2. A transmission path back-up system, as claimed in claim 1, wherein said first set of time slots are preset at a data capacity permitting transmission over said exchange line.
3. A transmission path back-up system, as claimed in claim 1, wherein said exchange line is an ISDN public line.
4. A transmission path back-up system, as claimed in claim 2, wherein said exchange line is an ISDN public line.
5. A transmission path back-up system comprising:
A) information generator means for generating information signals;
B) transmitter means for transmitting multiplexed signals including:
i) a first transmitter circuit provided with multiplexing means responsive to first multiplexed information signals for multiplexing said information signals and thereby generating first multiplexed signals, converter means for converting said first multiplexed signals into second multiplexed signals having first sub-group signals and second sub-group signals, and transmission control means for transmitting said second multiplexed signals;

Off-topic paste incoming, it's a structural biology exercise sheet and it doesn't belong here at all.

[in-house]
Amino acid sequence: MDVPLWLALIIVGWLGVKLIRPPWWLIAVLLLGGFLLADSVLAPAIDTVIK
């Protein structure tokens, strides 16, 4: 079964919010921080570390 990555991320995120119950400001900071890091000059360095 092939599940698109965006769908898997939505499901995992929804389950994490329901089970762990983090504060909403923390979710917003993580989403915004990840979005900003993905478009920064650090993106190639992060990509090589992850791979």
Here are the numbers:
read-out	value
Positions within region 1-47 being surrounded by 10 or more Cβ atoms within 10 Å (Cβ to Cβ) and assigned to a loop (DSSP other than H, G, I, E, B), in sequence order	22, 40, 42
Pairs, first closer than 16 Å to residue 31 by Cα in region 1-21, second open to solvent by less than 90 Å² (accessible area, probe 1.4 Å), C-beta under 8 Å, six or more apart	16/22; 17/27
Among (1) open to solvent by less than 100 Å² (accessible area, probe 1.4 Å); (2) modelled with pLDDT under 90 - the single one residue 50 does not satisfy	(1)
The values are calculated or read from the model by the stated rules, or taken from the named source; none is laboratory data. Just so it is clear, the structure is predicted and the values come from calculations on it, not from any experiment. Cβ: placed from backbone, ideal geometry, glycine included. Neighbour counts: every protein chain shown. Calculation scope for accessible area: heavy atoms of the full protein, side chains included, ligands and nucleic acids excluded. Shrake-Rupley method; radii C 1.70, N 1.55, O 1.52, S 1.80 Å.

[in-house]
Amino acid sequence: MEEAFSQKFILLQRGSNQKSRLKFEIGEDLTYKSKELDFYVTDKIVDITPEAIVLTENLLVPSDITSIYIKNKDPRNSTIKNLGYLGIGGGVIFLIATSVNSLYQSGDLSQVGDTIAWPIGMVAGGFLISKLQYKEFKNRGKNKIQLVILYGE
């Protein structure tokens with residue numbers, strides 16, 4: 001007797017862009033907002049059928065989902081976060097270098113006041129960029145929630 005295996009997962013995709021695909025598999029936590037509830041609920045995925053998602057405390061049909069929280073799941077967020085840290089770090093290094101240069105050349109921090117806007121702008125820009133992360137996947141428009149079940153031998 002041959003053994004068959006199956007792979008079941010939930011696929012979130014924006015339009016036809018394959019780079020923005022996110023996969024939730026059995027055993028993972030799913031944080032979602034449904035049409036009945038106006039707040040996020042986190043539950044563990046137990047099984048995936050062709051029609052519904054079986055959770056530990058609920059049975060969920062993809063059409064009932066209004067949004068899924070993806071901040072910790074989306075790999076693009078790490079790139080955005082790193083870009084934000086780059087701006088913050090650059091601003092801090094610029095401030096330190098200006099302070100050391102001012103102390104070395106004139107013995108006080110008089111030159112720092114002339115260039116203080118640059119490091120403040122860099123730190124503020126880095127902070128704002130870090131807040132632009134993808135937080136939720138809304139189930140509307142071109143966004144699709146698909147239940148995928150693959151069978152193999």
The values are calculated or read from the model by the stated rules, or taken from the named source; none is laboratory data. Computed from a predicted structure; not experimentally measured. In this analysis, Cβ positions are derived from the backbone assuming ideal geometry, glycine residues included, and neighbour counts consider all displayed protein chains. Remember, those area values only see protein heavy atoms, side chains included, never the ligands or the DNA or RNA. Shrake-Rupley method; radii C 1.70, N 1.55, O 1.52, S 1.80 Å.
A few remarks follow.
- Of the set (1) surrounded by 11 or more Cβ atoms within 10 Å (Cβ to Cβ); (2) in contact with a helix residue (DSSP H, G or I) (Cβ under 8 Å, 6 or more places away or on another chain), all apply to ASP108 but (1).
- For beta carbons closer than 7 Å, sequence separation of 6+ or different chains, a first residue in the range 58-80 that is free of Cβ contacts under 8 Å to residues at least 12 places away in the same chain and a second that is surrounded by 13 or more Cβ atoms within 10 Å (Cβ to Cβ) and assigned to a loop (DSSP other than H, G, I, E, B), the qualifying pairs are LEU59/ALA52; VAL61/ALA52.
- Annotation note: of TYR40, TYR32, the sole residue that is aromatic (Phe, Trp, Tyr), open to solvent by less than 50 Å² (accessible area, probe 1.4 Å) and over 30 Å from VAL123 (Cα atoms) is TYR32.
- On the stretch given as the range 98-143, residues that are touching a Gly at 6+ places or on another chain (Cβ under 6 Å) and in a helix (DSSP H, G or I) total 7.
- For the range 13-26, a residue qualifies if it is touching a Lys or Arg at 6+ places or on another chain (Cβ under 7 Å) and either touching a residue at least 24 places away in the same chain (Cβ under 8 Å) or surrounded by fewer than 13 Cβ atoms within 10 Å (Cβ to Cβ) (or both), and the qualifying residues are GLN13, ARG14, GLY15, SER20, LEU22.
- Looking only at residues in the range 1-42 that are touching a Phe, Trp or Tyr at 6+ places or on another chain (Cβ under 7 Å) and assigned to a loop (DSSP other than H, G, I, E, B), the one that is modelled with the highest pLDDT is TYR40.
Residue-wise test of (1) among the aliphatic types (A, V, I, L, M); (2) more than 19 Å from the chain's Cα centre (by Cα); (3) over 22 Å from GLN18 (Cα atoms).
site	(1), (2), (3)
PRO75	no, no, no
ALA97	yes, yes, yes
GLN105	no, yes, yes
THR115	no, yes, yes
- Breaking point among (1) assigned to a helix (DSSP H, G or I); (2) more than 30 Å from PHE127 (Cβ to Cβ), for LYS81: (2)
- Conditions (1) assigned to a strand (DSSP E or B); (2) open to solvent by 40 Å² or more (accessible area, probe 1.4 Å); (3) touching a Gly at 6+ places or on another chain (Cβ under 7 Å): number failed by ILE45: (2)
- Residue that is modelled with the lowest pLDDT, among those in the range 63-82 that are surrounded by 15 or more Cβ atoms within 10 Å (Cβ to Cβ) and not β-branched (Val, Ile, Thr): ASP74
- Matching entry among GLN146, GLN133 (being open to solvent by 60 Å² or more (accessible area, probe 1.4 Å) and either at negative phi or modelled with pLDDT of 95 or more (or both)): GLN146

ii) a second transmitter circuit for sending out only said second sub-group signals; and
iii) a transmission switching circuit for switching between said first and second transmitter circuits; and
C) receiver means for receiving signals from said transmitter means comprising:
i) a first receiver circuit having reverse converter means, connected to said first transmitter circuit by a private line, for reversely converting said second multiplexed signals into said first multiplexed signals in accordance with third multiplexed information signals; separator means for separating the reversely converted first multiplexed signals into the information signals in accordance with fourth multiplexed information signals; and a reception control circuit for generating said third and fourth multiplexed information signals;
ii) a second receiver circuit connected to said second transmitter circuit by an exchange line; and
iii) a reception switching circuit for switching between said first and second receiver circuits.